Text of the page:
Who doesn’t love showing off their catch with “grip-and-grin” photos? After all, a picture says a thousand words. Over the years, anglers have communicated a wide spectrum of sentiments through their grip and grins. Whether it’s a tournament bass fisherman hoisting a largemouth like a sack of cash or a fly fisherman staging a “keep ’em wet” image, fishing photos offer an interesting perspective into our evolving relationships with our finned resources.
People have been doing grip and grins since the beginning of time, as this chipper old fella can attest. At MeatEater, we’ve come to believe that fishing grip and grins say more about the angler than the fish. This gentleman plied the salmon streams of Scotland long before wearing pants and letting a fish go became fashionable.
Over the years, the aesthetic of grip and grins has changed dramatically. Not so long ago, it was perfectly acceptable for grip and grins to convey one simple message: “Not only is this fish dead, I’m real happy it’s dead.”
Depending on where you grew up, you might be taking notice of either the American flag or the R.E.M. t-shirt, but what is really on display here is a whole mess of tasty yellow perch and trout. This example is meant to convey a sense of extreme abundance of natural resources and a masterful command of angling skills.
Here’s your contemporary take on the fishing grip and grin. Notice how closely the fish is held towards the camera in order to make it appear larger than it actually is. This is called forced perspective, a favorite technique among grip-and-grin photographers. As for the fate of this fish, that is unclear. Is this happy angler about to place this fish in the cooler or back in the river?
This excited young angler is basking in the glory of success. If you don’t like this kind of grip and grin, well then you can kiss our asses. As for the fate of this northern, it’s not looking good but you never know. Those things are pretty slippery.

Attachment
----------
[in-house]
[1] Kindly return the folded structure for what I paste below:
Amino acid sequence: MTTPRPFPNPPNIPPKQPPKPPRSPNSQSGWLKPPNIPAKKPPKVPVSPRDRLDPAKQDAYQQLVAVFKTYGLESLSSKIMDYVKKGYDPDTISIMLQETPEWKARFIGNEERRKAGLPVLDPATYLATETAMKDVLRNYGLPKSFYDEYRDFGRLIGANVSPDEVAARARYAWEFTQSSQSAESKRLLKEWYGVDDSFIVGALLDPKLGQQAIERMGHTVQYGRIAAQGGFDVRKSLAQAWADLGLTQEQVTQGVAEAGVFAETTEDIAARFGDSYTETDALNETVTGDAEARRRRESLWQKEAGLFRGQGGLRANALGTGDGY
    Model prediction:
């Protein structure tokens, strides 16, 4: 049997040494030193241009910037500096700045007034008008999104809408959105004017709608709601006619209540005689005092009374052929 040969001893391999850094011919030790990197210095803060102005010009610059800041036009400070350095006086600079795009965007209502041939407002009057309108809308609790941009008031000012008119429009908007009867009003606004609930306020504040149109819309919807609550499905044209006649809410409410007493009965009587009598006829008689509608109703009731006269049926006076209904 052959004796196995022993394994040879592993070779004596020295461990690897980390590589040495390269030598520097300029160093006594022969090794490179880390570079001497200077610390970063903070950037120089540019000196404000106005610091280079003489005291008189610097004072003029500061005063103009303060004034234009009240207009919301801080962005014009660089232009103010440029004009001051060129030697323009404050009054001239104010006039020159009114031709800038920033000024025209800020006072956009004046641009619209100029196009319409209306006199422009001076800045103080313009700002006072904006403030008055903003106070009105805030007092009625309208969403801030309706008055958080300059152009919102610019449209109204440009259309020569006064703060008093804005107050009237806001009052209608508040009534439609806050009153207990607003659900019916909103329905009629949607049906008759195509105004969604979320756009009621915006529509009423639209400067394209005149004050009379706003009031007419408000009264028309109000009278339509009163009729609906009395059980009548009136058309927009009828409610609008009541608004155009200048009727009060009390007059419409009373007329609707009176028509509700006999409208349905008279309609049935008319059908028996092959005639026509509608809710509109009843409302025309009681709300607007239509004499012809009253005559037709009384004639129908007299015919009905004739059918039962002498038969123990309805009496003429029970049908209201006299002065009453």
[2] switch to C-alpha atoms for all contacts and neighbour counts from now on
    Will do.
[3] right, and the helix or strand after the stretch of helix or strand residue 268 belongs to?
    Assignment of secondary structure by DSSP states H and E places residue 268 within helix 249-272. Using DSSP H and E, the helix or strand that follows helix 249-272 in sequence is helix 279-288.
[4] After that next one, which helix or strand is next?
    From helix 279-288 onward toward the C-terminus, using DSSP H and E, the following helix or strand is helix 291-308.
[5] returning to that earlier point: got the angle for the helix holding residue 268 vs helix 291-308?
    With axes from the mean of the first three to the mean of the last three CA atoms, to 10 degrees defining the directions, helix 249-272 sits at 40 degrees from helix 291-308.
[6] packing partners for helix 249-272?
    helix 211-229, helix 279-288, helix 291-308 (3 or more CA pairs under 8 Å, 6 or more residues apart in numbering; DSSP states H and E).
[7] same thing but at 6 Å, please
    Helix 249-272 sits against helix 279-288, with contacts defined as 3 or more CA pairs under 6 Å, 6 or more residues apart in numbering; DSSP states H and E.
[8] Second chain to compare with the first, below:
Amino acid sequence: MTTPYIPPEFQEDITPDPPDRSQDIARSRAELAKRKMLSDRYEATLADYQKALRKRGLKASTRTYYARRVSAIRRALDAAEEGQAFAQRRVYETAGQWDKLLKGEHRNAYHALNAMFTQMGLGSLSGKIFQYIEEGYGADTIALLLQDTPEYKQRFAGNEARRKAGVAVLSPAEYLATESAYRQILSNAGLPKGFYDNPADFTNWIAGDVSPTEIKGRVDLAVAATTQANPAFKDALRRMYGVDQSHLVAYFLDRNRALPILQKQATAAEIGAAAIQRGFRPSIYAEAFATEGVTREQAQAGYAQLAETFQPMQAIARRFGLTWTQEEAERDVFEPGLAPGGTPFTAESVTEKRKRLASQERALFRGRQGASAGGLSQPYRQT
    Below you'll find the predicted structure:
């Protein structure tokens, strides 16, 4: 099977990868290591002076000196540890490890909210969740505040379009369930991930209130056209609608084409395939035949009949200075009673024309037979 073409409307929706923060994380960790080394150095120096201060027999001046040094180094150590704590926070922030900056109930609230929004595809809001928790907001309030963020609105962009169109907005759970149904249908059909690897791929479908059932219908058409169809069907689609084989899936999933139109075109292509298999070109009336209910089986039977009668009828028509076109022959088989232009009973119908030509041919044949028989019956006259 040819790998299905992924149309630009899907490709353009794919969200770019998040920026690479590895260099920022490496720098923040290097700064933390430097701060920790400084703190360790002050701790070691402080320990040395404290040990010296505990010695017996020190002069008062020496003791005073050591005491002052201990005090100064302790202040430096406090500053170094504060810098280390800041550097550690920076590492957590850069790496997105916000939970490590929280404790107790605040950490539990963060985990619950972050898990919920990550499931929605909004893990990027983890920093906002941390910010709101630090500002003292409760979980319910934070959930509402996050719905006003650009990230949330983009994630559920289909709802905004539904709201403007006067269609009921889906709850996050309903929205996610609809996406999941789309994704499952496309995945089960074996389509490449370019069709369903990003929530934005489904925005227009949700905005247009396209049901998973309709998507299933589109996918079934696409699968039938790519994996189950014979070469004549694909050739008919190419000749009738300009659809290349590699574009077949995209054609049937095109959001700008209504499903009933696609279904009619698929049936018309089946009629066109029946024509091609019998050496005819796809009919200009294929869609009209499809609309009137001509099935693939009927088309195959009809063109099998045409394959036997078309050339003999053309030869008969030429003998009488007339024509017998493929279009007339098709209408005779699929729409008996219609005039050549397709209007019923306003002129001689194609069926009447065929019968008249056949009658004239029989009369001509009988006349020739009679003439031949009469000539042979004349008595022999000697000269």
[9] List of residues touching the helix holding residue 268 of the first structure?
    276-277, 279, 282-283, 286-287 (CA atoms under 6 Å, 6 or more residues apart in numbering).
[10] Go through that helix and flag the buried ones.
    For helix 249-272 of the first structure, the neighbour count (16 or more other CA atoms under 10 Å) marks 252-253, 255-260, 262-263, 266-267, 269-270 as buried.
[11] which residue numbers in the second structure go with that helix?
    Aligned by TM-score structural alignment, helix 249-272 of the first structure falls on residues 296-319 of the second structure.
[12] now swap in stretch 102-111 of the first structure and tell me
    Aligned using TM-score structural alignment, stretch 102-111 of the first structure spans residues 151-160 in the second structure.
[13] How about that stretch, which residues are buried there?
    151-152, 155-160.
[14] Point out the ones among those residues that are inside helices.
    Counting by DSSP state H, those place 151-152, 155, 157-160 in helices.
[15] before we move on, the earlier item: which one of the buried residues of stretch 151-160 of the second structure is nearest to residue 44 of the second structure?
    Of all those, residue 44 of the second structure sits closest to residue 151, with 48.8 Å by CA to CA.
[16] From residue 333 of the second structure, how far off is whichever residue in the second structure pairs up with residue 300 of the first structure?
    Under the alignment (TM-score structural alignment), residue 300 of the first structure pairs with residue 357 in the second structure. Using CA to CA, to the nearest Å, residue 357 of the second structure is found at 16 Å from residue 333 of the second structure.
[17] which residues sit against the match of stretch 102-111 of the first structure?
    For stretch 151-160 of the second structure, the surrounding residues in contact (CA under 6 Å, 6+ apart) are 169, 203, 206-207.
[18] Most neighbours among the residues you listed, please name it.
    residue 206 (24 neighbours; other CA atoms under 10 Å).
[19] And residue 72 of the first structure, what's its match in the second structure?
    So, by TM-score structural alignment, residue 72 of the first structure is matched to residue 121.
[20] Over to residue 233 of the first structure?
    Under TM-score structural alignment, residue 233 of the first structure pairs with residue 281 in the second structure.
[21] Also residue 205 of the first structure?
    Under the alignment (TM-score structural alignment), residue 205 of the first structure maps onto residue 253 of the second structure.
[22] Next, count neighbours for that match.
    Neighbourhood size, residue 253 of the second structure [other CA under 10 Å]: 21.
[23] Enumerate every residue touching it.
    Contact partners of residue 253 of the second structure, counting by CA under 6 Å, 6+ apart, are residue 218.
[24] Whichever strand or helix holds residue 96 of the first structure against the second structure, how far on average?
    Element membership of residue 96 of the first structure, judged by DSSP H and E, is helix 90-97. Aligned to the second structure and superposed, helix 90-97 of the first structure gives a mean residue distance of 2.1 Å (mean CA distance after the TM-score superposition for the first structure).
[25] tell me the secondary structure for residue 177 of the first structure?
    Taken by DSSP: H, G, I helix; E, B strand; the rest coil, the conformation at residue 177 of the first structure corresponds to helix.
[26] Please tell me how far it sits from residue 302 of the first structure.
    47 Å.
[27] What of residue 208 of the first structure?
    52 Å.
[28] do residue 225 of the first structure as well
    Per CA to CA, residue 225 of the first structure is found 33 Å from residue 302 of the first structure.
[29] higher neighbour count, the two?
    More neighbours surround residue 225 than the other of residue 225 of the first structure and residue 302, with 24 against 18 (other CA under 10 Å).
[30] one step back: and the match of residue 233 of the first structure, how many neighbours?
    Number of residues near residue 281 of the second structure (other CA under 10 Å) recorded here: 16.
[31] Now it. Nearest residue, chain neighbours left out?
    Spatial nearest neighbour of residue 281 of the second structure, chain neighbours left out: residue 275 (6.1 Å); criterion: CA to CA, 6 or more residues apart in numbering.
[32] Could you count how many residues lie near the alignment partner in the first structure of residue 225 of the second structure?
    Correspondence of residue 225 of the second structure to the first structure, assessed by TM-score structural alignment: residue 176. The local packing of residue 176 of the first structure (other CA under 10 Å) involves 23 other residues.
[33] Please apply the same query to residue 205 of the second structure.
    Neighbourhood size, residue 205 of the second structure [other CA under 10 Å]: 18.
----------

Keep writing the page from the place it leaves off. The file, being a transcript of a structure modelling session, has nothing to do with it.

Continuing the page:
In this shot, we’re getting into the “keep ‘em wet” catch-and-release category of grip-grins. This photo clearly communicates the fact that this beautiful trout will be released unharmed. Or does it? There’s always a chance that the fish will suffocate while being photographed or that the angler could experience a dramatic change of heart at the last minute and run a bootlace through its gills and tie it to a rock. But for now, the angler is overcome by his own merciful and somewhat hypocritical benevolence.
If you’re a fan of the movies Jeremiah Johnson or Castaway, you might be thinking that this is a desperate angler making a futile grab at a fish that got away. However, the lack of bubbles and the generally casual posture of the hand make it abundantly clear that this is a release scenario in which an edible fish—one that many people would pay to eat—is being let go. The general vibe of this photo conveys a harmonic give and take relationship between angler and fish.
Out of concern for the well-being of this sturgeon, the angler here has subverted the dominant paradigm in which the fish is ripped from its native environment and hoisted into the preferred atmosphere of the angler. This shows that the fisherman and the fish are in this together. They’re just a couple of buddies, hanging out—until next time.
Could this be the future of the grip-and-grin fishing photo? Here, this angler struggles with the meaning of it all. He’s asking himself, “Do I really even need to impose myself on these fish? Does my happiness come down to my ability to puncture their poor little lips with sharpened hunks of metal? Or is it maybe better to just go my own way and let them go theirs?”
Brody Henderson contributed to this article.